How To Sell Your Clothes (And Make Money) If You’re A Borderline Shopaholic Like Me


The holidays are well over now (I should probably put away my pink trees) but you may still find yourself a bit low on funds. I get it. I go nuts during the holidays buying gifts and throwing parties, and then I look around afterward and think, “Shit, I have bills to pay!”

An easy way to make a little extra cash if you’re a borderline shopaholic with three closets like me is to sell the shoes, clothes and accessories that are taking up space. It’s pretty easy to do if you don’t mind a little legwork, and you can make some good money simply by getting rid of what you don’t wear.

1. Go through your closets. And drawers. And shoe closets. Thoroughly. If you need a glass of wine and a friend to help you, go for it. If you haven’t worn something in six months to a year, it goes, unless there’s some crazy emotional attachment to the piece. Then you may keep it. But anything that doesn’t fit right, seems outdated, doesn’t mesh with your current style or has just slipped off your radar needs to go.

2. Organize things into piles. Got some designer labels? Keep those in a pile to sell to consignment or resale shops. Trendy fast fashion pieces or weird vintage stuff does well at Buffalo Exchange and Beacon’s Closet, for example. Decide that whatever doesn’t sell will eventually be donated.

3. Make sure that shit is clean. Do not bring anything that needs to be laundered into a shop with intention to sell it. Your items should be washed, folded neatly and lint-rolled. Don’t be gross.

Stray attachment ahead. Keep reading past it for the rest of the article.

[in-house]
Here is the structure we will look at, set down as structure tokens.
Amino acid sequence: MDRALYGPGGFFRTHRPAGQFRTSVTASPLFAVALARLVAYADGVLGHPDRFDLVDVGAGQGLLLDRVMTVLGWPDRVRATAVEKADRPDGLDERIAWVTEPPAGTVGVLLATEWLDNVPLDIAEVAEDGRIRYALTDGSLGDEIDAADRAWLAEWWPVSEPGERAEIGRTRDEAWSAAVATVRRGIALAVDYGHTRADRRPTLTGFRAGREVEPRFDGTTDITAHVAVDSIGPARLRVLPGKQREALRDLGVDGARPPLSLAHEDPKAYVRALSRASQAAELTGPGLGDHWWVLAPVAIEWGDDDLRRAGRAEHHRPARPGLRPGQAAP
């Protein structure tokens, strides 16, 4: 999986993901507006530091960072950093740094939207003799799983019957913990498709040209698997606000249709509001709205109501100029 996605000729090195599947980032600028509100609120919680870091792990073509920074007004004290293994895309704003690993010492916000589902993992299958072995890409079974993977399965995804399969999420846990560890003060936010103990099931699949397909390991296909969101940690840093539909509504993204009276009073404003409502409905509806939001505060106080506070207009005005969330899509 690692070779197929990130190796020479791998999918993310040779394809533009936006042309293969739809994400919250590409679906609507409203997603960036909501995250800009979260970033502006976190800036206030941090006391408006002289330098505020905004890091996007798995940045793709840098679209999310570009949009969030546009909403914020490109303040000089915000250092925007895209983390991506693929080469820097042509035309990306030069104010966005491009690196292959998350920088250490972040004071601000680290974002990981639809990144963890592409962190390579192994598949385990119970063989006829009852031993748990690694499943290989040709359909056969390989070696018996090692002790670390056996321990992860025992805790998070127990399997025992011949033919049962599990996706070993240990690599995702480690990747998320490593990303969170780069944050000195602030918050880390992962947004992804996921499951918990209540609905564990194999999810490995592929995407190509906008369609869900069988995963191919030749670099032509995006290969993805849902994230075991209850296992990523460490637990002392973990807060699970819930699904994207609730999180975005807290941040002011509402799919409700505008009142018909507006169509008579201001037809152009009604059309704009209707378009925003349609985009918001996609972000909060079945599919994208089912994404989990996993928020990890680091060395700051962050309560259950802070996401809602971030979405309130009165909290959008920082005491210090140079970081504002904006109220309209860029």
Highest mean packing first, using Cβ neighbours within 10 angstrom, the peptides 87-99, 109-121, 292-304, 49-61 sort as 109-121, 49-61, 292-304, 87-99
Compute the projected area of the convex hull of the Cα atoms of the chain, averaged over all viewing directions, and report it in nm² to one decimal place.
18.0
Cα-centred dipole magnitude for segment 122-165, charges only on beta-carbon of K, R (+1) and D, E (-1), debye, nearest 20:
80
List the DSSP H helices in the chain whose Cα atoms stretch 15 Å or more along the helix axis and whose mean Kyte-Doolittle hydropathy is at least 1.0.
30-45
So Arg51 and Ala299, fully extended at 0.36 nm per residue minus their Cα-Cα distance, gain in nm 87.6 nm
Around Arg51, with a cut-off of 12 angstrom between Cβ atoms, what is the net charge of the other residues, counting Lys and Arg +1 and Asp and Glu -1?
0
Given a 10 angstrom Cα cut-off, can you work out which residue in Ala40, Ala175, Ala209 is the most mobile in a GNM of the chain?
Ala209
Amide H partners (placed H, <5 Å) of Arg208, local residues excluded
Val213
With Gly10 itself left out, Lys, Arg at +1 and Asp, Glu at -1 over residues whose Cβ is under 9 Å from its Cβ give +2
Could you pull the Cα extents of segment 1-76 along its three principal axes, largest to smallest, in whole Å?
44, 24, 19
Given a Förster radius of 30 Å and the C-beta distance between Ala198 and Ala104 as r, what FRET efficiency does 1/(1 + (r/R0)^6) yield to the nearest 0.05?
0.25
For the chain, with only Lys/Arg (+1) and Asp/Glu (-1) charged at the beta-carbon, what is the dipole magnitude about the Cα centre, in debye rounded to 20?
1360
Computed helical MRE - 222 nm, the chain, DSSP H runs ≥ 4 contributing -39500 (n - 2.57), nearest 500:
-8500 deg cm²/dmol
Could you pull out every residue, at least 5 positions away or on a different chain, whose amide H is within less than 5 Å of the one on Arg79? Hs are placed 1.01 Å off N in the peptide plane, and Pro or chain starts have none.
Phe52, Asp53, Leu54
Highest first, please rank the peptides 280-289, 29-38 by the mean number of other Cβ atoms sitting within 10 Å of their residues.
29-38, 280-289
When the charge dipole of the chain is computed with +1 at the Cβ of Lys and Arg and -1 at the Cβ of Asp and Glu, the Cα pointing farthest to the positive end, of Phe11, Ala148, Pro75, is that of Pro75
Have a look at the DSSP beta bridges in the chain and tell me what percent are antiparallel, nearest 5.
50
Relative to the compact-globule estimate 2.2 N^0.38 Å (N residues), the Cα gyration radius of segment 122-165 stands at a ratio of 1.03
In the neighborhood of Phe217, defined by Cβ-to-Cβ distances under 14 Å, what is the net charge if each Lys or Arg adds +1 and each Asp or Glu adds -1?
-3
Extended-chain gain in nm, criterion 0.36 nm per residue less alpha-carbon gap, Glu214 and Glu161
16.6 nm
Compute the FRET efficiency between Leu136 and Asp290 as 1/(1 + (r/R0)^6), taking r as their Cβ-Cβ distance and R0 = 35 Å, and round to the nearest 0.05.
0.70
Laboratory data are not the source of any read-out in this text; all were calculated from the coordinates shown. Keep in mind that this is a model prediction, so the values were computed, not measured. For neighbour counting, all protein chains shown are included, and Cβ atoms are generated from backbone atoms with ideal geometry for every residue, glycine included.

4. Shoes should be in good condition too. A little wear and tear on the soles is OK, but anything beat-up isn’t going to sell. You wouldn’t buy those things if you saw them on the rack, would you? Shine ‘em up, buff out any nicks and make them look their best.

5. It’s all about presentation. I always sell more when I present Buffalo Exchange employees with nicely folded items and delicate fabrics on hangers than I do when I bring it all in dumped in an Ikea bag. If you’re trying to sell some designer dress you wore to a sorority formal or whatever, bring it in dry-cleaned. Presentation and proving you care for your items is key.

6. Most upscale places have pretty strict buying guidelines. Do your research. If you want cash right away, you need to go the resale route. Consignment stores pay you when that item sells, which could take days or weeks. Learn which lines they carry and what they won’t accept – some places consider J. Crew upscale and others don’t.

7. Don’t haggle with the employees after they give you a quote. This is their job and they know what they can resell your items for. They don’t care if that jacket has sentimental value to you. Take what they offer or bring the item home with you again.

8. Try selling online – I’ve used Tradesy before, which is a really easy selling app. Others create Instagram accounts and get paid via Paypal. If you have some really great stuff, research how to sell on eBay or etsy. (Once again, presentation is key.)

9. What if your stuff doesn’t sell? Try a new location or two. Different buyers have different taste. With the leftovers, host a clothing swap with your friends or donate the items and get the sweet tax write-off. And the good feeling that your clothes will have new life again.